What is a Career Plan and Why You Need One

Whether you’re entering the workforce for the first time or you’ve been employed for years, career planning is something you can benefit from at any age and any stage of your working life. The fact that recent research has revealed that the average working age person will change his or her career – not just his or her job, but career – numerous times over the years (up to seven times!), career planning is something that everyone should do on a yearly basis. Why? Well, because across all industries, the workplace is constantly changing, and that means that in order to be successful, you really need to have a plan that will help you better manage your career. Employers are always looking to attract, employ, and keep highly skilled workers who will prove to be invaluable to their company. 

A well-devised, up-to-date career plan will help you determine what type of work you are interested in, as well as how and where you would like to perform that work. If you’ve never heard of career planning before, keep on reading to find out more information about this powerful tool and how you can put it to use to maximize your success. 

Career Planning Explained

In order to develop and make use of a career plan, you first need to understand what a career plan is in the first place. In short, a career plan can be defined as the process of making decisions that relate to what you would like to do for your career and how you will accomplish that goal. It’s not a one-time thing; rather, career planning is an activity that should be done on a regular basis. In other words, it’s an ongoing process; one that you should revisit at least once a year, particularly when you – or when the world – have undergone some type of change. Examples of changes may include your ideals, interests, or goals have shifted, or the workplace or industries that you are interested in working in have experienced a transformation.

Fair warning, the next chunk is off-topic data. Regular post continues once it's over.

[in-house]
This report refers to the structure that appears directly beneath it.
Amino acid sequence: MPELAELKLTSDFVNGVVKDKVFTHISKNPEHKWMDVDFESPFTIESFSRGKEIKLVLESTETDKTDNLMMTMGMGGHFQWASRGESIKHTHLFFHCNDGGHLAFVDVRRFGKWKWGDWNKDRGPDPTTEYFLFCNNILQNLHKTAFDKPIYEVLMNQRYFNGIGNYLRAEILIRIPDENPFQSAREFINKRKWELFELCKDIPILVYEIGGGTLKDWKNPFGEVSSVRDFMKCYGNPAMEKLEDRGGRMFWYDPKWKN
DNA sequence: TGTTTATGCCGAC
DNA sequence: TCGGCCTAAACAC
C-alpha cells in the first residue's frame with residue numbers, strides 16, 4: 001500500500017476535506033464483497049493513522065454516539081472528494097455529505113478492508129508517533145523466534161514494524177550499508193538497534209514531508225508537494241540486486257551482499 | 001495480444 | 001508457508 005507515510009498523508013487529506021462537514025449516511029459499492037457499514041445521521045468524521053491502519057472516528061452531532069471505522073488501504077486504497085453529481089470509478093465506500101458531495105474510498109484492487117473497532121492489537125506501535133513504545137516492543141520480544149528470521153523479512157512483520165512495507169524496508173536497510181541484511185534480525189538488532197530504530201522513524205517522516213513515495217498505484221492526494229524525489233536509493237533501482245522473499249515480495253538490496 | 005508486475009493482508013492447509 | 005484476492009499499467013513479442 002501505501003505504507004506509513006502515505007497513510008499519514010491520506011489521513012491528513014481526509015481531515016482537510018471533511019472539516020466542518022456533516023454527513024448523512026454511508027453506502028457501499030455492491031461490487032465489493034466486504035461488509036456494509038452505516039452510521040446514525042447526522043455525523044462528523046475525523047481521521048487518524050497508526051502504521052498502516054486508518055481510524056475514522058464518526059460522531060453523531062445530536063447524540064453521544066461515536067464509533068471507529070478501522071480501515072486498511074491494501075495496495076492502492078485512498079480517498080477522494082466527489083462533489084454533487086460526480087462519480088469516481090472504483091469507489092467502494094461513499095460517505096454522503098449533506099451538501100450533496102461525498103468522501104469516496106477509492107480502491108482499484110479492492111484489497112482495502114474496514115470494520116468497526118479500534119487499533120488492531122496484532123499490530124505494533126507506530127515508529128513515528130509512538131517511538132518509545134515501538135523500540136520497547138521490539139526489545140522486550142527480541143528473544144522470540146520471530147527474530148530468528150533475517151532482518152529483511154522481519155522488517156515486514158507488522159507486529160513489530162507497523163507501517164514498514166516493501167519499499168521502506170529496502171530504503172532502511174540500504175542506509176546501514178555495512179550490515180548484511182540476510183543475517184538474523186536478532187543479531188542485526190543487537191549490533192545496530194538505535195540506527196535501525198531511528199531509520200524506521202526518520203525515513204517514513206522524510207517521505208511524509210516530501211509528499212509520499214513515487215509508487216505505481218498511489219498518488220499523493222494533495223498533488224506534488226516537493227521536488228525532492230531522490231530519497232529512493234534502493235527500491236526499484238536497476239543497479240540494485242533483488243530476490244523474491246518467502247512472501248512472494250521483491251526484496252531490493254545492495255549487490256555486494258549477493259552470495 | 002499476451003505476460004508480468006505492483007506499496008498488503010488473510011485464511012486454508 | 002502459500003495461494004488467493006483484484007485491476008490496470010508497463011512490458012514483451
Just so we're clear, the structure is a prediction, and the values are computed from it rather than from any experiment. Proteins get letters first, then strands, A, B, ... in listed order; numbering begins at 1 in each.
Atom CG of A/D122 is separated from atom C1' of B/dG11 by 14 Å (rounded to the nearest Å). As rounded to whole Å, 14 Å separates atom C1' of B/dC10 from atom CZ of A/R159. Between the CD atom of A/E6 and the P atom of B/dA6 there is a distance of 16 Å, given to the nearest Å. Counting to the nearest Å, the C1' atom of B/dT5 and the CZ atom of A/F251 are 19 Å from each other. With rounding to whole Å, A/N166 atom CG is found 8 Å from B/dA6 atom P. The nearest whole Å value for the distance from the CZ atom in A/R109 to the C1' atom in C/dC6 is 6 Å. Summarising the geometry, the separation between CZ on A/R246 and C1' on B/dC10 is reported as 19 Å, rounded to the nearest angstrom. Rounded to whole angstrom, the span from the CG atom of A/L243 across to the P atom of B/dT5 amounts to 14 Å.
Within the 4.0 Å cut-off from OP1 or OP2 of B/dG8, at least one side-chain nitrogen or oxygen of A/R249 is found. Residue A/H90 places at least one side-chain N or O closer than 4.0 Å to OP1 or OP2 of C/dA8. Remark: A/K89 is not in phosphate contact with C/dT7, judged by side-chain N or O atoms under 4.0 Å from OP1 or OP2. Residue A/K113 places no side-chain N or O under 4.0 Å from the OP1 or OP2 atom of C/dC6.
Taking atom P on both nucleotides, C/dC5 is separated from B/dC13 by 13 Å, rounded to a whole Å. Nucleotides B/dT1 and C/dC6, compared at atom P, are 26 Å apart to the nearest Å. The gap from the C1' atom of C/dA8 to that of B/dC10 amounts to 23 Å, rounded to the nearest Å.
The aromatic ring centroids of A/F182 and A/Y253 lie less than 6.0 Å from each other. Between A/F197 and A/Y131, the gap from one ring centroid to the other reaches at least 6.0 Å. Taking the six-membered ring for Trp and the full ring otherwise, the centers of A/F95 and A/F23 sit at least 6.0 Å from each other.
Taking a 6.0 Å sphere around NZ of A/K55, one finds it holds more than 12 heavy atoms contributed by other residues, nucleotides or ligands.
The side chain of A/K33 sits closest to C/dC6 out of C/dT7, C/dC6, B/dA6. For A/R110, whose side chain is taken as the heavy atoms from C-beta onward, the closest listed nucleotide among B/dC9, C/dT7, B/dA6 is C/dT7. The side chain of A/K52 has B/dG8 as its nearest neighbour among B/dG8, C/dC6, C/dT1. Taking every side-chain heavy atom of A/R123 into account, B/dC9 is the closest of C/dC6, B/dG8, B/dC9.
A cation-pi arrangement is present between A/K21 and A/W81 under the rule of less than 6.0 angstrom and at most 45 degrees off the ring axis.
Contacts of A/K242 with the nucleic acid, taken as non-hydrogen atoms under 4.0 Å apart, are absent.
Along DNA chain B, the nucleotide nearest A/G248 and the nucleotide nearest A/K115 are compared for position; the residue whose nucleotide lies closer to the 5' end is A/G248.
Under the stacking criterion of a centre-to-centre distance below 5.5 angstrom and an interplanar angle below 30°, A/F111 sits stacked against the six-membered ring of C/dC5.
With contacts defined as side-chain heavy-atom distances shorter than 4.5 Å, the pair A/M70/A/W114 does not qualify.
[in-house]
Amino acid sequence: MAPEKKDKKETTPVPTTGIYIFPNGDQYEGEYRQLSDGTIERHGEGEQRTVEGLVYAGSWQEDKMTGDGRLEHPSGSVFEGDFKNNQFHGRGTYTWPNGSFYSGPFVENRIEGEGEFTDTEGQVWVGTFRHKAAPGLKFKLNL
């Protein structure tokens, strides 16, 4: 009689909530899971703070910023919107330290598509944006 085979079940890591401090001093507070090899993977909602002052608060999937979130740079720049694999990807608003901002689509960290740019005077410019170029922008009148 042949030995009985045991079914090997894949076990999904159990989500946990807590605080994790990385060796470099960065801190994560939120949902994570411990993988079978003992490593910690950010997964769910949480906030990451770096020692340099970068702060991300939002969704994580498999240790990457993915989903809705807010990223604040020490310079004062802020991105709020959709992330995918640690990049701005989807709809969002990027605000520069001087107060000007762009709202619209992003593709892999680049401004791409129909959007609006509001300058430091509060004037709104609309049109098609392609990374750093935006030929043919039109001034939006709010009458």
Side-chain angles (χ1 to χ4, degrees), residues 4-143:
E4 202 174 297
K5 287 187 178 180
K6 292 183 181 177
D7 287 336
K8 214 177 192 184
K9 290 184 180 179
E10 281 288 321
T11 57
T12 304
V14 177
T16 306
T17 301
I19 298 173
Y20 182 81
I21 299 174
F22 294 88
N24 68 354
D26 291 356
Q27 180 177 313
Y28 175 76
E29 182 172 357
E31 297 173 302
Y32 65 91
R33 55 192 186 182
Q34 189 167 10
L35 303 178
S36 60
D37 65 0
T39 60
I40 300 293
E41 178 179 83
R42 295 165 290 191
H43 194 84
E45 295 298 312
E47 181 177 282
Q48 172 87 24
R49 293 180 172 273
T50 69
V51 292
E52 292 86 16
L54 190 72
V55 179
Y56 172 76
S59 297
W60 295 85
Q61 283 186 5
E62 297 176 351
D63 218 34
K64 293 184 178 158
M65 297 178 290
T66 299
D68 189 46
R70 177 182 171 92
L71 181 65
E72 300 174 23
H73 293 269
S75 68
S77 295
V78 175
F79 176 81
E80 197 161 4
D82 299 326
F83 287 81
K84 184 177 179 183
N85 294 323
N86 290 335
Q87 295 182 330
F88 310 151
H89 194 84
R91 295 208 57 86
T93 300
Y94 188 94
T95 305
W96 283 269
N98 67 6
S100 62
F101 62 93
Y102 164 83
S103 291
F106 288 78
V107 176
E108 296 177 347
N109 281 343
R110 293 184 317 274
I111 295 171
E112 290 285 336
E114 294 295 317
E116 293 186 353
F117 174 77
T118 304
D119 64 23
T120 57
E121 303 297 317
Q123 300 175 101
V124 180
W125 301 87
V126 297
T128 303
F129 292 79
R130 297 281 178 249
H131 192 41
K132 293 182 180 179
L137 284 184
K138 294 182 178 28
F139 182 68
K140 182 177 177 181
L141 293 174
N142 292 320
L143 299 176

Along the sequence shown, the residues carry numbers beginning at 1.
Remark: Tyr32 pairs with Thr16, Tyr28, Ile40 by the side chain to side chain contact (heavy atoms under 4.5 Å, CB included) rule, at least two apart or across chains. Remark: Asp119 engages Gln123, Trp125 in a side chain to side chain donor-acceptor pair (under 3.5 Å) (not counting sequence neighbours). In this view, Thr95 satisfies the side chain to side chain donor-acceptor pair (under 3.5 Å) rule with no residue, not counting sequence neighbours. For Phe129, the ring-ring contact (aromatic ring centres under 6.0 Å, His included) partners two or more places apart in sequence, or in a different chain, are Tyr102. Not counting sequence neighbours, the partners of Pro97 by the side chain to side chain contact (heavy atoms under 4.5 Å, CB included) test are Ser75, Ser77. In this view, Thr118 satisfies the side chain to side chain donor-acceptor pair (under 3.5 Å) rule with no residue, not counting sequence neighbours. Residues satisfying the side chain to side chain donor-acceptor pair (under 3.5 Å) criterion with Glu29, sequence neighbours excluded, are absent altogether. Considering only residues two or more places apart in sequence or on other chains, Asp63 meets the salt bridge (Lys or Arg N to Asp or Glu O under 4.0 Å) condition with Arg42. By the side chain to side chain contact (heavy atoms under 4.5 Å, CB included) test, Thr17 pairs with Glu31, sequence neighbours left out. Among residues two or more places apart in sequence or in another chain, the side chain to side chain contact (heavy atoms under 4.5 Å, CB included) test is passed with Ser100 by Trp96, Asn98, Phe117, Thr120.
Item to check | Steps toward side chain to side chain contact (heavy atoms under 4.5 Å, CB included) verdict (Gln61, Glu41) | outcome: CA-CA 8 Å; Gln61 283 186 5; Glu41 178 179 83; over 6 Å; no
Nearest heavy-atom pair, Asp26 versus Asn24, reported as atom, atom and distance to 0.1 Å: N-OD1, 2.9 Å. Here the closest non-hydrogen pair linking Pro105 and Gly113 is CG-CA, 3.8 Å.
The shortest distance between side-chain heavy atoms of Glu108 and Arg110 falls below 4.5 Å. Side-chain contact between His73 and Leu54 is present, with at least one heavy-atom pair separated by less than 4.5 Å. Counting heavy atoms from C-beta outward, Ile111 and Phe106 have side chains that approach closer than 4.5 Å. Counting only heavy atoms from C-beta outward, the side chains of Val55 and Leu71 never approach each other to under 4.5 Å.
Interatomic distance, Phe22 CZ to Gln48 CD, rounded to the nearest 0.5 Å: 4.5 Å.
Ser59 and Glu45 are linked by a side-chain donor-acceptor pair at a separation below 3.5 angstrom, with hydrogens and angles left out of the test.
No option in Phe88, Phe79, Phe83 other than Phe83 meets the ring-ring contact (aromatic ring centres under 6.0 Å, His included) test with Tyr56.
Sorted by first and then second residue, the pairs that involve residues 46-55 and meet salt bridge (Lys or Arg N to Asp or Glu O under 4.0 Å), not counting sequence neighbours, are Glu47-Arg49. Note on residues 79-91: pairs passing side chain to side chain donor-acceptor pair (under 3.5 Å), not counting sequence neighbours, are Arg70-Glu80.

Just like every person is different, so, too, is career planning; in other words, the way in which career planning is done and the purposes it is used for will vary from person to person. With that said, however, considering your unique qualities, skills, interests, and values is a great place to start. These traits, if you will, are the ideal foundation for a well-executed career plan, and will allow you to begin the process of exploring what kind of industries, positions, and roles will best align with your objectives. There are a variety of tools that can be used to create an effective career plan. Examples of these tools may include things like assessments, professional coaching, occupational training, and educational programs. 

At What Age Should You Plan Your Career? 

There is no right or wrong age to start planning out your career; however, the ideal time would be right when you are about to or have just graduated from high school. Why is this the ideal time? Because after high school, the average person either enters the workforce, attends a trade school, or goes off to college or university, and a career plan can help you decide which path you would like to take.

Career planning can also be beneficial to professionals who have been in the workforce for a while. Taking the time to develop a career plan provides you with the opportunity to reflect on your career, thus far; determine what you’ve been happy with, what challenges you have faced, what your goals and ideals are, and whether or not changing your career path would provide you with a better opportunity to achieve your objectives.